Monday, August 02, 2004

Convention conventions: The big speech

David Remick's comment in the New Yorker touches a topic I've been mulling--convention liturgy. The reader gets a little wet from reading the first few paragraphs--Remick is spitting mad at Bush--but here's the paragraph that applies (emphasis added to make skimming easier):
It takes little from Kerry's performance to recall just how closely his speech conformed to the tactics and tropes of other acceptance speeches, Democratic and Republican, of the past several decades. Nearly all of them reach into the same spice rack of metaphor, image, and avowal. There is the affirmation that one's party is the party of uniters, not dividers; there are the paeans to the vanquished fellow-candidates; there is the moment of calibrated self-deprecation ("I'll try to hold my charisma in check," Bush, 1988; "I know I won't always be the most exciting politician," Gore, 2000); there are the bold preferences ("I hate war, I love peace," Bush, 1988); there are the cadenced attempts to draw in the delegates ("Can you imagine?" "Yes!" "Will we let them . . . ?" "No!"); there are the invocations of [candidates as] small boys—full of hope and dreams, haunted by early tragedy, comforted by heroic mothers—who turn out to be none other than the nominee (the man from Hope was exceptionally good at this in 1992, but the ne plus ultra of cornball narcissism was Nixon in 1968); and, finally, there are more rhetorical bridges than in all of Venice, more rhetorical mornings than at a breakfast-all-day coffee shop. To read these speeches is to encounter not only the expectable baloney but a form as unwavering as Hopi wedding rites or the Mourner's Kaddish. They are not called convention speeches for nothing. These are rituals designed less to broadcast detailed policy than to armor the speaker against the onslaught to come, speeches in which George McGovern waxes muscular about providing the "shield of our strength" to our weaker allies and George W. talks of "learning to protect the natural world around us" and changing "the tone of Washington to one of civility and respect." Still, conventions, like all rituals, reveal more than they seem to.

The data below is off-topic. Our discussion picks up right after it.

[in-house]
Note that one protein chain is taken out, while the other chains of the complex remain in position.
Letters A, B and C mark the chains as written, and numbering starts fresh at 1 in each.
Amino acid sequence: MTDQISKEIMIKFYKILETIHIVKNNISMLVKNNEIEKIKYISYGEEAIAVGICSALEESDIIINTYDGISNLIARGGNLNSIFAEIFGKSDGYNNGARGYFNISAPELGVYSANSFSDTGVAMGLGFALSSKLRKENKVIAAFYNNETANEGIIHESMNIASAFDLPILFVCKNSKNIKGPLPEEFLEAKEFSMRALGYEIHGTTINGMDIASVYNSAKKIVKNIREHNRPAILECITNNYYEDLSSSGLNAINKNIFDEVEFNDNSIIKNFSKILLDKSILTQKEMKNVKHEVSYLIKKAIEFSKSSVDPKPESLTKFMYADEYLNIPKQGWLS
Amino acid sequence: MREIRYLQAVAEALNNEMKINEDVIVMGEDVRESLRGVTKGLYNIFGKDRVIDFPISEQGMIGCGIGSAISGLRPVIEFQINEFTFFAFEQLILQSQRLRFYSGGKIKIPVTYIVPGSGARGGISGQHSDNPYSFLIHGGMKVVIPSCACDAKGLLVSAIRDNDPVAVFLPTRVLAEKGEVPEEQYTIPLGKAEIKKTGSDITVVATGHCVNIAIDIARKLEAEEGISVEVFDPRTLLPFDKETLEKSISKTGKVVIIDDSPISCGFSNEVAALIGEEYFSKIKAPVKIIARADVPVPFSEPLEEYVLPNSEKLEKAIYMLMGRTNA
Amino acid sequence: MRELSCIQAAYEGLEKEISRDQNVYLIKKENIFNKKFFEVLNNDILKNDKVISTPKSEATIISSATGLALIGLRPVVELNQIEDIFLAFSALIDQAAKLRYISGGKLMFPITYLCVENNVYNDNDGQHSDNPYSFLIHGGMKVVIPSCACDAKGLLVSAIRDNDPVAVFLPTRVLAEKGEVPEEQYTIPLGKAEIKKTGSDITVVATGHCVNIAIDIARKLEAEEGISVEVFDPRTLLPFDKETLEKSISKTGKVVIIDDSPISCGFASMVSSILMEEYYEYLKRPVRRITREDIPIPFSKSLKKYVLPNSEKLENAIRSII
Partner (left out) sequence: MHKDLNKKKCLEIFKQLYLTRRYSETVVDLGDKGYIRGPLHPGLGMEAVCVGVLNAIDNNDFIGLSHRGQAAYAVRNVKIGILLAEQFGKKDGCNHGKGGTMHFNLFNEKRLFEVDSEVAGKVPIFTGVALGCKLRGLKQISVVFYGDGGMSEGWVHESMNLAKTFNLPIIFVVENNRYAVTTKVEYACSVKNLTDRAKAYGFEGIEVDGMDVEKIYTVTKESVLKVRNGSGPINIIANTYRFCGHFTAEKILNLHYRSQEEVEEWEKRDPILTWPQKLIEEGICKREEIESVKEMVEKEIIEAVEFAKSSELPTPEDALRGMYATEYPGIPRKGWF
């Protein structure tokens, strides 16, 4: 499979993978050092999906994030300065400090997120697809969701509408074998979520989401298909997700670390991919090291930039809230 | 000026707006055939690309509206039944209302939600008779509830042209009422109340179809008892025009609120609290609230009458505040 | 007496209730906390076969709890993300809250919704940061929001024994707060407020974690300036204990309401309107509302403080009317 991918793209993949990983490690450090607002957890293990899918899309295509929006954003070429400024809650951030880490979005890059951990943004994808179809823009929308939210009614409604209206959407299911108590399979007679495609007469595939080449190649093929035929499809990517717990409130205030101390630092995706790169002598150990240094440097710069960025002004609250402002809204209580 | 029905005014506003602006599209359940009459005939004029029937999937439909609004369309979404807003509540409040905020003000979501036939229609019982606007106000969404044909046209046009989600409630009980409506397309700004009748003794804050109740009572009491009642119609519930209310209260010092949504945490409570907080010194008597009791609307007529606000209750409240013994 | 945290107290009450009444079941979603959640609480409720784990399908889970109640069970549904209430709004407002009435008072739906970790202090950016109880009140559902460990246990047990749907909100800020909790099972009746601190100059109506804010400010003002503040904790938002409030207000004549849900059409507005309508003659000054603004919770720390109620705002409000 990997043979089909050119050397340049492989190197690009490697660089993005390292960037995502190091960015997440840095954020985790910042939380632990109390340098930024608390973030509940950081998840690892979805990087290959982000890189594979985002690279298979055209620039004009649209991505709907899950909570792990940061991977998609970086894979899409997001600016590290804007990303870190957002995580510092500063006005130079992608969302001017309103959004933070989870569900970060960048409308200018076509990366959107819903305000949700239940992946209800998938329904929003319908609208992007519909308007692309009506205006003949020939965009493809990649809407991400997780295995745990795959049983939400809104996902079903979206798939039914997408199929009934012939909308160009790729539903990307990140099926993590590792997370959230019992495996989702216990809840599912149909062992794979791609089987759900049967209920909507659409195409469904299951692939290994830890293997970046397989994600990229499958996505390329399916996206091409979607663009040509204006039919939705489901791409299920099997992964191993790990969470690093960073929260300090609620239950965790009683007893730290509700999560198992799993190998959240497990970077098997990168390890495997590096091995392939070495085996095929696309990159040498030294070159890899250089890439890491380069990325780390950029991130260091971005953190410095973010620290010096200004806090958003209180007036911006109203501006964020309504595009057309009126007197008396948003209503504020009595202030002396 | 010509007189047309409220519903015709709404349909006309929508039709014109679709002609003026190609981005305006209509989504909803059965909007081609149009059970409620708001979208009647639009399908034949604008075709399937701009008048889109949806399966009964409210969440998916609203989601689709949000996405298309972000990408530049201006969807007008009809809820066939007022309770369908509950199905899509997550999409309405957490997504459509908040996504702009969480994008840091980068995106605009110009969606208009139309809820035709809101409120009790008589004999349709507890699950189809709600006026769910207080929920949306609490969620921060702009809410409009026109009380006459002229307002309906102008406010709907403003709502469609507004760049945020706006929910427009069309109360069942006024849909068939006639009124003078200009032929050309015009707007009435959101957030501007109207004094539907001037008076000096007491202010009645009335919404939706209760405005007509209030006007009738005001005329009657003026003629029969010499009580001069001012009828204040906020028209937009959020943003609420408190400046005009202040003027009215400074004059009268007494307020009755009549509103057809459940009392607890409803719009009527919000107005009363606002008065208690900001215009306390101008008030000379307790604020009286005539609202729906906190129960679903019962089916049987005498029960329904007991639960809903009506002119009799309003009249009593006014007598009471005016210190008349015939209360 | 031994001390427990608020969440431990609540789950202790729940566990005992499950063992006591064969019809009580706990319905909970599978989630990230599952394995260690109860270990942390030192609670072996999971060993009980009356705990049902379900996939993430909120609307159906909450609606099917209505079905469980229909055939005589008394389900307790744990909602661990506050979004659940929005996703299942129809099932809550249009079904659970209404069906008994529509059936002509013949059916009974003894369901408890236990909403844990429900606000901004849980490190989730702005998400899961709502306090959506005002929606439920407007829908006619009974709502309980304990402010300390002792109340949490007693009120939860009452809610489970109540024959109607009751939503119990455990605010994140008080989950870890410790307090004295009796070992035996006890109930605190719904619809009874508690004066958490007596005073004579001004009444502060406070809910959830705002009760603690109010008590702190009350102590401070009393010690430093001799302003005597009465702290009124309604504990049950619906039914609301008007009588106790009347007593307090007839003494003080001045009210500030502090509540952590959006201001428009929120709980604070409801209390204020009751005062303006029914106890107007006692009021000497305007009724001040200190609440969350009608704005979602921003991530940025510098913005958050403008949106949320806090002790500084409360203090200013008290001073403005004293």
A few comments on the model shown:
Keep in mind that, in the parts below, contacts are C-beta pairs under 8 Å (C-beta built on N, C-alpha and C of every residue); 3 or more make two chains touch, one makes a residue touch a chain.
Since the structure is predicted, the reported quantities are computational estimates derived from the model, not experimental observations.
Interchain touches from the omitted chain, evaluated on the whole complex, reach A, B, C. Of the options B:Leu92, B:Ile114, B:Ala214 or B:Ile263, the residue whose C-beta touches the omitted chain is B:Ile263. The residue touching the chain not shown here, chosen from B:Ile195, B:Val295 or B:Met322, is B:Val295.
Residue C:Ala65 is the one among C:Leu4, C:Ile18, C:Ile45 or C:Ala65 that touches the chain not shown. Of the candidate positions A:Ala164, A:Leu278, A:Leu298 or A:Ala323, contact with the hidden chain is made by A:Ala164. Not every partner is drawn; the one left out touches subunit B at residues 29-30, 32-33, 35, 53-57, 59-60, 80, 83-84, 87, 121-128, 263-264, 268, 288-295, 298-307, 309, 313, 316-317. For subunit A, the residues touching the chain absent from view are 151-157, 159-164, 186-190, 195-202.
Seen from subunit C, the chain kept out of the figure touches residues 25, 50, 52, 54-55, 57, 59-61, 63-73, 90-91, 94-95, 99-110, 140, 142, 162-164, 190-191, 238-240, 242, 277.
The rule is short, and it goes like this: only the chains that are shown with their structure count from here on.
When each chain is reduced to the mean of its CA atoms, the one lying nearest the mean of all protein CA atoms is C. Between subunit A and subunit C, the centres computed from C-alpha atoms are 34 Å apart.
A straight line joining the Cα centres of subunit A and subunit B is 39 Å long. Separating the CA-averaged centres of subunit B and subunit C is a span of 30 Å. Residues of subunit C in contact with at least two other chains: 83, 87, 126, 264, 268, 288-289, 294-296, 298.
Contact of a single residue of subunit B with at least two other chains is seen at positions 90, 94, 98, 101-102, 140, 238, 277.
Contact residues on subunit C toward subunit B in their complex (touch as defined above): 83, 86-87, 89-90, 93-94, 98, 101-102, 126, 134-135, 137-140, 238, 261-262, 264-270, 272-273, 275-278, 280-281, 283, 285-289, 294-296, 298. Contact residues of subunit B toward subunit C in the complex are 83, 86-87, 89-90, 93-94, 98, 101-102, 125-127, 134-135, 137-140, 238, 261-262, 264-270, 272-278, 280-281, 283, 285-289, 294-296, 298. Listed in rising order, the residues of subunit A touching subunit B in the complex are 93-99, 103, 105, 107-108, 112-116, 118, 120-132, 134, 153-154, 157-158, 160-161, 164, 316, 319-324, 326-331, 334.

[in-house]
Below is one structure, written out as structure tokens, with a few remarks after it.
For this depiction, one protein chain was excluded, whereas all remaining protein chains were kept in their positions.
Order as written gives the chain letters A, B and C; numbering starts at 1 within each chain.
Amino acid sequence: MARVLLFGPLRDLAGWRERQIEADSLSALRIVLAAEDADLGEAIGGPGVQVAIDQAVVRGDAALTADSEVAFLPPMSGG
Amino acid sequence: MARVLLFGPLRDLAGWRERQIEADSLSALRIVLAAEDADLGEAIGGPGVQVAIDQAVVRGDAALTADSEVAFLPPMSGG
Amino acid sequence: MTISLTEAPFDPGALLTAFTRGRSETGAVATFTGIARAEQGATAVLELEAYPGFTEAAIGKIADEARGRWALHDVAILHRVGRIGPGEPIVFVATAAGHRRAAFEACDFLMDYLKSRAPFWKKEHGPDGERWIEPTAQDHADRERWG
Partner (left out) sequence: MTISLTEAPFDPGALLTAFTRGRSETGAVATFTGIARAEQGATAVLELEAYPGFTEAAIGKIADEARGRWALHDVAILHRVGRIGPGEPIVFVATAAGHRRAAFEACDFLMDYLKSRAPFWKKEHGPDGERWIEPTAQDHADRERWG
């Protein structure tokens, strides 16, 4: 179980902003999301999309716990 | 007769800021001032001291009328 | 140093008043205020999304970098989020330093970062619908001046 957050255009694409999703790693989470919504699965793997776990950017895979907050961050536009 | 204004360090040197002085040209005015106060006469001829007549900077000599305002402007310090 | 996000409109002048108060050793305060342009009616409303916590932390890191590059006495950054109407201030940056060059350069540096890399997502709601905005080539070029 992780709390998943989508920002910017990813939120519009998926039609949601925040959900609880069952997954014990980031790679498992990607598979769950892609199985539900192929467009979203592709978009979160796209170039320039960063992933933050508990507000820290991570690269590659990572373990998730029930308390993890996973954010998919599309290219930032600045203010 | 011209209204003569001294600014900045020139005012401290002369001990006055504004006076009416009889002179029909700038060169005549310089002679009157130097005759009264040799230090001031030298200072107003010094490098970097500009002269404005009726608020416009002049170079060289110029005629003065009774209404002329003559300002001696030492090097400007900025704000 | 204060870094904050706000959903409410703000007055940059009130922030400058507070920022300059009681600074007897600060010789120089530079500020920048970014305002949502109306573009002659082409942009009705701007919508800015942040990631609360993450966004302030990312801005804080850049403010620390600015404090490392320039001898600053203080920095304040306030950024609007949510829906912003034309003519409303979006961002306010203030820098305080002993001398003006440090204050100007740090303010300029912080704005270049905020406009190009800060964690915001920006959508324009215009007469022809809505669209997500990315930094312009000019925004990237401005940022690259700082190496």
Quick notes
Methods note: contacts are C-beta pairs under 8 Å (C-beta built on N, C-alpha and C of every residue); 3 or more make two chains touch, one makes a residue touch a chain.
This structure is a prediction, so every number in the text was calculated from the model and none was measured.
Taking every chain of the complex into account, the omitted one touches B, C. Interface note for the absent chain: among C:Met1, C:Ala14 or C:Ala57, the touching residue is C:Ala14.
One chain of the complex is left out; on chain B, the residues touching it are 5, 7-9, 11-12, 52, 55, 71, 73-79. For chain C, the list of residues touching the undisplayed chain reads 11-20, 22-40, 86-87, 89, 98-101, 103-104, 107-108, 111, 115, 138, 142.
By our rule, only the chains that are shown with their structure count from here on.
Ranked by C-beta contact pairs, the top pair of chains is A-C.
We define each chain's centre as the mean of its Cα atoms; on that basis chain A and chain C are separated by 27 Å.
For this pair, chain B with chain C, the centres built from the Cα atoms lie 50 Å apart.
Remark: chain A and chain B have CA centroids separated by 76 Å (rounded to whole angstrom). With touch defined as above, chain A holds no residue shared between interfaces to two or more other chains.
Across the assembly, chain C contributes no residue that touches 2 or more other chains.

At the end of that last sentence, I had hoped that Remick would help in my search for the meaning of American political ritual. All he could glean from it, though, is that the upcoming election is going to be down and dirty. Ooooohkay.

But looking at the content of the ritual that Remick points out, there is a pattern. The acceptance speech is a message of unity and hope. Pointing out that his party "is the party of uniters not dividers," praising the candidates he has defeated, the "bold preferences" and "cadenced attempts to draw in delegates" pull the party together, patch over the rips caused by prior campaigns and make the assembly feel itself part of something larger. Self-deprecation shows that the candidate understands himself as a member of the assembly.

"Hope," whether it appears as a word or as a metaphor--the candidate's early dreams or "morning in America"--is what candidates offer. Voters may love the candidate or may choose him simply as the least worst, but either way, the election is about our future, not the candidates' future and not the candidates' past (except insofar as it represents our future).

Taken apart like this, the acceptance speech is "the expectable baloney," but the fact that it has evolved into this form, has acquired these themes, means that there is something essential to them. Their presence doesn't prove anything about the candidates. Anyone can talk unity and hope. But the themes do say something about cherished ideals that nurture the republic.

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